I'm working on a tutorial for a client involving file uploads (which I'll be sharing on the blog). In the tutorial I talk a bit about monitoring the number of uploads and how much space they are taking. I was curious what methods exist for finding out how much space is being used on a drive and how much space is available.

Finding out the space used by a directory is possible with CFDIRECTORY and query of query:

<cfdirectory directory="#expandPath('.')#" recurse="true" action="list" name="allfiles">

<cfquery name="getSize" dbtype="query"> select sum(size) as total from allfiles </cfquery>

<cfoutput>Total size in bytes is: #getSize.total#</cfoutput>

While this works it doesn't tell me how much space is available - just how much space a folder (and it's children) are using. I looked into the Java API and discovered that in version 6 methods were added to java.io.File just for this purpose. (What I find funny is that it apparently took 9 years for the feature to be added. I wonder why?)

You have 2 main methods you can use - java.io.File.getFreeSpace and java.io.File.getUsableSpace. The docs explain that getUsableSpace is a bit safer than getFreeSpace:

Returns the number of bytes available to this virtual machine on the partition named by this abstract pathname. When possible, this method checks for write permissions and other operating system restrictions and will therefore usually provide a more accurate estimate of how much new data can actually be written than getFreeSpace().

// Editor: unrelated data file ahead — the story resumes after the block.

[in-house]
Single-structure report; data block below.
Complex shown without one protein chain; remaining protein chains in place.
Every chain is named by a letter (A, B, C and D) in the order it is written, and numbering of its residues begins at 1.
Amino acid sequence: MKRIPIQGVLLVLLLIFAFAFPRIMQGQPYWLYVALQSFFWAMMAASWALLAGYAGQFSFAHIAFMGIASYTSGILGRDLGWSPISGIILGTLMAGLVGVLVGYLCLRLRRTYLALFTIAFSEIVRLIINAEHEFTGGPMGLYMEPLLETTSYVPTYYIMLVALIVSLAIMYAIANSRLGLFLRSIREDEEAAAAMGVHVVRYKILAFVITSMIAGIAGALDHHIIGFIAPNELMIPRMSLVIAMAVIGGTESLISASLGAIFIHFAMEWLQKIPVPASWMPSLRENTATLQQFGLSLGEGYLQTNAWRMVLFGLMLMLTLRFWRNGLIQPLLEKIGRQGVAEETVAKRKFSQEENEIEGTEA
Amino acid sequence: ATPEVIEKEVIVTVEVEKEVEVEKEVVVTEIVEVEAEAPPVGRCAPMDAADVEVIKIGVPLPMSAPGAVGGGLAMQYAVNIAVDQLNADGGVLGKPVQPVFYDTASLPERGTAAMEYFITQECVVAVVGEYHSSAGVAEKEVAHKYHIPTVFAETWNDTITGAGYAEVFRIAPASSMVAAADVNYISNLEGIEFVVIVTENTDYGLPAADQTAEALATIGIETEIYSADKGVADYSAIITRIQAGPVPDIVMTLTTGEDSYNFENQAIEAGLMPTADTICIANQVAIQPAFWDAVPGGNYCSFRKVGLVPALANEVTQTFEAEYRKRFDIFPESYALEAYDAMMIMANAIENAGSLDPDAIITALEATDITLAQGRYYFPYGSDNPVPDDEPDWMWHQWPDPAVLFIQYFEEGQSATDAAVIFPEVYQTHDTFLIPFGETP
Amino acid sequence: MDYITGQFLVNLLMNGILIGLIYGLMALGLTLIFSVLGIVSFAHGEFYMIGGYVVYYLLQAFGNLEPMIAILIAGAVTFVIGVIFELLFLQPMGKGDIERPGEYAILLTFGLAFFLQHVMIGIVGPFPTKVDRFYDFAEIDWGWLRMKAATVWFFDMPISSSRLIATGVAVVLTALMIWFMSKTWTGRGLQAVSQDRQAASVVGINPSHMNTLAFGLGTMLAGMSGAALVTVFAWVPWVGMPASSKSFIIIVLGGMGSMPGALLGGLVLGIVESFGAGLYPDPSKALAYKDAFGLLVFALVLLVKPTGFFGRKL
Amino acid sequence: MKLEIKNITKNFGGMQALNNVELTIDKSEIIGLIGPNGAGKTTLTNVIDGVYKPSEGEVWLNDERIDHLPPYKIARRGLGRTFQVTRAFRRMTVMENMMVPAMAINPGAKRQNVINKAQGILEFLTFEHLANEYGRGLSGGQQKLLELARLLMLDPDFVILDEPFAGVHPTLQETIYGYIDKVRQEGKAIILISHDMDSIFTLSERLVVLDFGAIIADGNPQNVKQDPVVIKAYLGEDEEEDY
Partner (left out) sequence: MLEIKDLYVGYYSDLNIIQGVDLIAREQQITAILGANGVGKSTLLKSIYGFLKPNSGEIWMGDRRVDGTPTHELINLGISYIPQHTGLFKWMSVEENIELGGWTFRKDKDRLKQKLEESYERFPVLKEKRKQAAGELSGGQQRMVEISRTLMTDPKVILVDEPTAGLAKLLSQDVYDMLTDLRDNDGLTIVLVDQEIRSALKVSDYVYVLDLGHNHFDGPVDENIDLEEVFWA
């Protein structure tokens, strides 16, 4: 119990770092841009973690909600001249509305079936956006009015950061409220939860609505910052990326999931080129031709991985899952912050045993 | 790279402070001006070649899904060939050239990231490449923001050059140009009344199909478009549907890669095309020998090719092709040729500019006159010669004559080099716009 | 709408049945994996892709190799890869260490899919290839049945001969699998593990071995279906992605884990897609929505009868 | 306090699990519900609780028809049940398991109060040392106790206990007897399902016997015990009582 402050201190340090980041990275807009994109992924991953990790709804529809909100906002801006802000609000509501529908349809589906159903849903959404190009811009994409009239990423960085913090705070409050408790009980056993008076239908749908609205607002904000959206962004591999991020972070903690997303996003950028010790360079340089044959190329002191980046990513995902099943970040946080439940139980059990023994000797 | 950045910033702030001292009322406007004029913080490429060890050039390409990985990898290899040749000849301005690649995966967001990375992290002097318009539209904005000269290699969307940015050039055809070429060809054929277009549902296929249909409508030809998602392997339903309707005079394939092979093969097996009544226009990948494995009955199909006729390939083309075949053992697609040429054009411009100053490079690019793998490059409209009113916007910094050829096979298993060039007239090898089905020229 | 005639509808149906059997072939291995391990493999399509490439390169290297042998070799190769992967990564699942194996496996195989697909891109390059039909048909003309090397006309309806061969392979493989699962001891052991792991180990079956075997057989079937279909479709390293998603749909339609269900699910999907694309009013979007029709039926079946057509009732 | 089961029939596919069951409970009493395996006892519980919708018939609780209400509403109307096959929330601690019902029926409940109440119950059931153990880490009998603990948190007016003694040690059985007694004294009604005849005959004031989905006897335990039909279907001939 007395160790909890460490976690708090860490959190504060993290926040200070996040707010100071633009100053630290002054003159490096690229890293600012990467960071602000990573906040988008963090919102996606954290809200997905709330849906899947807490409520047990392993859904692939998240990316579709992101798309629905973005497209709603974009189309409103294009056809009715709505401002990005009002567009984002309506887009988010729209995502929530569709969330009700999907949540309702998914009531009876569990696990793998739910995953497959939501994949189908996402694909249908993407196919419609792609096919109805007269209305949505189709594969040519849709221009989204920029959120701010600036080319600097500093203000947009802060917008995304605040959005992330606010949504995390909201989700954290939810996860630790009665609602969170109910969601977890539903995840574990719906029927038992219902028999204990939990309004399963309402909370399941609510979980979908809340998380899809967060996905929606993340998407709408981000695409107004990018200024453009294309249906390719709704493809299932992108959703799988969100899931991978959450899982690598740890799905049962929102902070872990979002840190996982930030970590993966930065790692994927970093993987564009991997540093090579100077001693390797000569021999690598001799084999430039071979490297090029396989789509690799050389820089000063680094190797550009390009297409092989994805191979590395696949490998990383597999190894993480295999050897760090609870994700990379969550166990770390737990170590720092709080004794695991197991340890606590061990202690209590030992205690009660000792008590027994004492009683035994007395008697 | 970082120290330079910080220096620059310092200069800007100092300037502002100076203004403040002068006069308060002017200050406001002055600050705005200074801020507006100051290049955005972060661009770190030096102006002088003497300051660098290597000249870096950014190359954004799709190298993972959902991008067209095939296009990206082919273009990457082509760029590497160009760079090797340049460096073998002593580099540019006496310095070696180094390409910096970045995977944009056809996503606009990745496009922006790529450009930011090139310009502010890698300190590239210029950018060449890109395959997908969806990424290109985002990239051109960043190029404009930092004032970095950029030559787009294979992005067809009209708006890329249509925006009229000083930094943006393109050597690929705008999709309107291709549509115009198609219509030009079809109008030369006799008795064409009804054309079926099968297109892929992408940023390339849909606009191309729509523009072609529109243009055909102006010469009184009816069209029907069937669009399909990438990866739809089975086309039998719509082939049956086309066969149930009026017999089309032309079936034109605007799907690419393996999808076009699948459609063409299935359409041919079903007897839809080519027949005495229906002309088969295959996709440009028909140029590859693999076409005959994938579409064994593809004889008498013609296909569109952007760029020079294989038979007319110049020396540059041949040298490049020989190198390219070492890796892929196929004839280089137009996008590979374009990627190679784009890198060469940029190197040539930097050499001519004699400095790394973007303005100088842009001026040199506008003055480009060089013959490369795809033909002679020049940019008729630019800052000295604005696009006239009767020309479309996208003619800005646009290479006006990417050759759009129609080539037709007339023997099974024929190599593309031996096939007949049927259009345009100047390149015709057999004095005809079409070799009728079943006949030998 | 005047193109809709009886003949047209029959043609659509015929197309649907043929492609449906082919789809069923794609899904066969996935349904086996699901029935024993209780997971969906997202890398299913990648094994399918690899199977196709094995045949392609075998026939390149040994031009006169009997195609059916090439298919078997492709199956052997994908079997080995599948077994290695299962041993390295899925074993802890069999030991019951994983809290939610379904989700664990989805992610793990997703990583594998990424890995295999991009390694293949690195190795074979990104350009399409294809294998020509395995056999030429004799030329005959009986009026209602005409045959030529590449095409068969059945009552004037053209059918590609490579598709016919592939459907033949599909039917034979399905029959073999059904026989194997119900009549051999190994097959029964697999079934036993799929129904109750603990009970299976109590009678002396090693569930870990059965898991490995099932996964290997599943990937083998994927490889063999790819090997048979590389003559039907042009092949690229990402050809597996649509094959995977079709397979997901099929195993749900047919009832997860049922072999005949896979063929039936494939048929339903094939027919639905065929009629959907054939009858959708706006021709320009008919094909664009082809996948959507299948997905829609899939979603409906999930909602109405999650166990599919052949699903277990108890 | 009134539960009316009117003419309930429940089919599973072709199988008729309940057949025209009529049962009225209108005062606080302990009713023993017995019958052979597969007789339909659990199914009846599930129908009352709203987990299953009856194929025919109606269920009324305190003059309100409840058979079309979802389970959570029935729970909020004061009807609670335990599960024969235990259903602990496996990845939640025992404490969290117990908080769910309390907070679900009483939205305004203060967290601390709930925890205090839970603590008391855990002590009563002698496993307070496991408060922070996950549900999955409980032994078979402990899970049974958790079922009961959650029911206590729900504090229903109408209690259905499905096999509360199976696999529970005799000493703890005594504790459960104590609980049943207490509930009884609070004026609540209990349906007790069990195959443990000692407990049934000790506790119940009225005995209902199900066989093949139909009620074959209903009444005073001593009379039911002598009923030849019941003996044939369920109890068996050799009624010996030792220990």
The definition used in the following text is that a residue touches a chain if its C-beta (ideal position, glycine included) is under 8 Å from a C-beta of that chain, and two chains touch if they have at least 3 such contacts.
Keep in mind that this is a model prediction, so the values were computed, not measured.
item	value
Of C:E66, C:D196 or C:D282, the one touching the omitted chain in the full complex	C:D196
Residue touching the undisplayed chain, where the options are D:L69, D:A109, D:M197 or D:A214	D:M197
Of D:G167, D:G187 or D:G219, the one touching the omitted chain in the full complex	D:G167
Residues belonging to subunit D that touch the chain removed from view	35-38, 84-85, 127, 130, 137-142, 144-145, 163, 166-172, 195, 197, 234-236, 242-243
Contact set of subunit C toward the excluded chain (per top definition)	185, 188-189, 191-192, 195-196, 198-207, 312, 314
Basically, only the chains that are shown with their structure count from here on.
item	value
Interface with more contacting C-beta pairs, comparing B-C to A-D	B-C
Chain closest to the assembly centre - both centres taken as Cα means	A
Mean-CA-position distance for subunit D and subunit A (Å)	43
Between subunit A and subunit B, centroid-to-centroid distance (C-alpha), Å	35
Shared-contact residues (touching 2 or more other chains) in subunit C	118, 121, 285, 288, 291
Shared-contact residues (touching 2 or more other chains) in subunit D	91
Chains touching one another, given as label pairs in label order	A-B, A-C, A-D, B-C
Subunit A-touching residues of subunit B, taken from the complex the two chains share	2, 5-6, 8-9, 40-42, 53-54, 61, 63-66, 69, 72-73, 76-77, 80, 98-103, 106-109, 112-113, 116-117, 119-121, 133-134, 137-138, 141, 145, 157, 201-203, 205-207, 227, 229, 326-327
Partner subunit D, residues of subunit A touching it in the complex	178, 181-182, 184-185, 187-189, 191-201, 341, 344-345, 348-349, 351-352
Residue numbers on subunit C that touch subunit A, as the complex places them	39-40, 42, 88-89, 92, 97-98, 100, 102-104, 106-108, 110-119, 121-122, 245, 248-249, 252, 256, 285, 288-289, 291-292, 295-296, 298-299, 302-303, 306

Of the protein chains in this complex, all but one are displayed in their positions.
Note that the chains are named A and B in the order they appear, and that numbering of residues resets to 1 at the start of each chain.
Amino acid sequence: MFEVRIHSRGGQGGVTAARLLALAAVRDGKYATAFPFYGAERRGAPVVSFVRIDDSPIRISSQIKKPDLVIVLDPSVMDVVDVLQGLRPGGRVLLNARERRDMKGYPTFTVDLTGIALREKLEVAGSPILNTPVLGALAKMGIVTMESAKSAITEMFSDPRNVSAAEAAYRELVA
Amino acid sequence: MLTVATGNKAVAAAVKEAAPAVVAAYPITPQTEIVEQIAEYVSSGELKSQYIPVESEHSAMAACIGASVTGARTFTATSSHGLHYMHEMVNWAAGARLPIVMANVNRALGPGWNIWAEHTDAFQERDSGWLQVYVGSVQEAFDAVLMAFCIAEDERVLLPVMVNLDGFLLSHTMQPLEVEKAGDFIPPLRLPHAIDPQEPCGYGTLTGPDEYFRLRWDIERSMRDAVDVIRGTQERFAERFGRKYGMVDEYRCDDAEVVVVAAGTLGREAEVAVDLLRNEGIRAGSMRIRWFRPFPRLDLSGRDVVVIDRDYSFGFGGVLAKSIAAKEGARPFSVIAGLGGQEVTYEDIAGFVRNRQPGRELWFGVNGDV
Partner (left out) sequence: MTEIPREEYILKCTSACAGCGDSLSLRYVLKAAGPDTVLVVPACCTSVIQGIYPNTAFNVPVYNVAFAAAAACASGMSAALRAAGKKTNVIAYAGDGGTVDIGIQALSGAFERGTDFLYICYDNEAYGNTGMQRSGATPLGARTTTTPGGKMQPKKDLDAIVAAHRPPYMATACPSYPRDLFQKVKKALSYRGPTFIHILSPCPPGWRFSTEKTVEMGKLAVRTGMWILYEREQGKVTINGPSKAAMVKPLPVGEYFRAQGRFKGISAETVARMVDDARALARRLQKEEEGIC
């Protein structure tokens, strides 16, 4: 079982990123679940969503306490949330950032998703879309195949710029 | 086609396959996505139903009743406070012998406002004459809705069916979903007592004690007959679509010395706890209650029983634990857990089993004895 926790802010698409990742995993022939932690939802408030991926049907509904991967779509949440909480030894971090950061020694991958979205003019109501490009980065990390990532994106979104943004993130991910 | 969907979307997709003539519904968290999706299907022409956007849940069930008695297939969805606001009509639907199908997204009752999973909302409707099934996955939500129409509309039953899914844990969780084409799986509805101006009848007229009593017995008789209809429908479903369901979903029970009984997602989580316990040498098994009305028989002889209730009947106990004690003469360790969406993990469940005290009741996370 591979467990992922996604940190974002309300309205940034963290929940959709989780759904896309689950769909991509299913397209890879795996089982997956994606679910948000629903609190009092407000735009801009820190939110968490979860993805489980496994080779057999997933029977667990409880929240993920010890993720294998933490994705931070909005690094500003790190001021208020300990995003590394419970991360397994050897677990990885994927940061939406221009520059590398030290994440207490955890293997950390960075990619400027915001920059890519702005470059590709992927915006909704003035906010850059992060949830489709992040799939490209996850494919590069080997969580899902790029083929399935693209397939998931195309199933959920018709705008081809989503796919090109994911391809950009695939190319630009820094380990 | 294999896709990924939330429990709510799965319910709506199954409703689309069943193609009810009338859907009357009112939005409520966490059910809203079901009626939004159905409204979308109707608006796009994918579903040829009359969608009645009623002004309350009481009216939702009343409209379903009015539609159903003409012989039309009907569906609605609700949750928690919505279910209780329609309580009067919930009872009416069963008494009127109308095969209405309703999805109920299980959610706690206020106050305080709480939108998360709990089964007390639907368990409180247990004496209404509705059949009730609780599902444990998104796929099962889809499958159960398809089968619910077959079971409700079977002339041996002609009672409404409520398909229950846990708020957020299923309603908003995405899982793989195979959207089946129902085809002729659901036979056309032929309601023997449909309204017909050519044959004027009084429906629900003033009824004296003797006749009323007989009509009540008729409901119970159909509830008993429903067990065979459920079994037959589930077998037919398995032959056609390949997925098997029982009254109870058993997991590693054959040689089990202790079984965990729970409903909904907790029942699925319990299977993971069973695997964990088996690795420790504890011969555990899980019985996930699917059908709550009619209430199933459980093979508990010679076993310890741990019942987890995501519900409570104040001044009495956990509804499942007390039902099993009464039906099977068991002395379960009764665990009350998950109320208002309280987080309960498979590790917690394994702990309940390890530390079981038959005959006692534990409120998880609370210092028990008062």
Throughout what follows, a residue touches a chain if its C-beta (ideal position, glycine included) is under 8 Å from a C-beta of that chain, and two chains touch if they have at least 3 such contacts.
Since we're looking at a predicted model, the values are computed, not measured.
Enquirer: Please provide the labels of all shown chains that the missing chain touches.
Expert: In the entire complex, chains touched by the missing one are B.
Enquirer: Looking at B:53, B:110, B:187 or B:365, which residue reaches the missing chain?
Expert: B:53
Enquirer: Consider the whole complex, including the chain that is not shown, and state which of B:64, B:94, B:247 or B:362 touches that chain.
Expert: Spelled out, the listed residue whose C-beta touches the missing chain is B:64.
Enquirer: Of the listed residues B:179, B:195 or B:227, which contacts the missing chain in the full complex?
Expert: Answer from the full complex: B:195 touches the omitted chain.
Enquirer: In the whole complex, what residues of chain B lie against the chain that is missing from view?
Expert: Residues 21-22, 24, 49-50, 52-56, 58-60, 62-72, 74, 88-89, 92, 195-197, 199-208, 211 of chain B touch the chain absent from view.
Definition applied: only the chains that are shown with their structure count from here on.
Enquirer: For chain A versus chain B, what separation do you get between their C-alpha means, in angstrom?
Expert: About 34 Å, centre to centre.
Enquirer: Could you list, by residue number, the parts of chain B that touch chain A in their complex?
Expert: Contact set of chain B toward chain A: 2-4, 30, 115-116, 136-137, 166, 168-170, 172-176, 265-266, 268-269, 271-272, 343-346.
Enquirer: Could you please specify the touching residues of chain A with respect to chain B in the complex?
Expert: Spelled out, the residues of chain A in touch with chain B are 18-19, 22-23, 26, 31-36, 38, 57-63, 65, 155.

You also have available getTotalSpace, which returns the complete size of the partition. Here is a simple example of these functions:

<cfset fileOb = createObject("java", "java.io.File").init("/")> <cfoutput> freespace=#fileOb.getFreeSpace()#<br> usablespace=#fileOb.getUsableSpace()#<br> totalspace=#fileOb.getTotalSpace()#<br> </cfoutput>

Obviously "/" as a path is only going to work on Linux/OSX. (Well, I assume it won't work in Windows. If I'm wrong, let me know.)

p.s. This blog entry was written 3 hours ago. I was about one sentence away from being done when there was a large boom and the house went dark. Our electrical network on this street is made of swiss cheese. Thankfully I had the UPS running so I was able to quickly shutdown. I went over to my local CCs (coffee house) and used the wireless there. Since my mail was all stored on Google I didn't have much downtime. The power is back on... for now.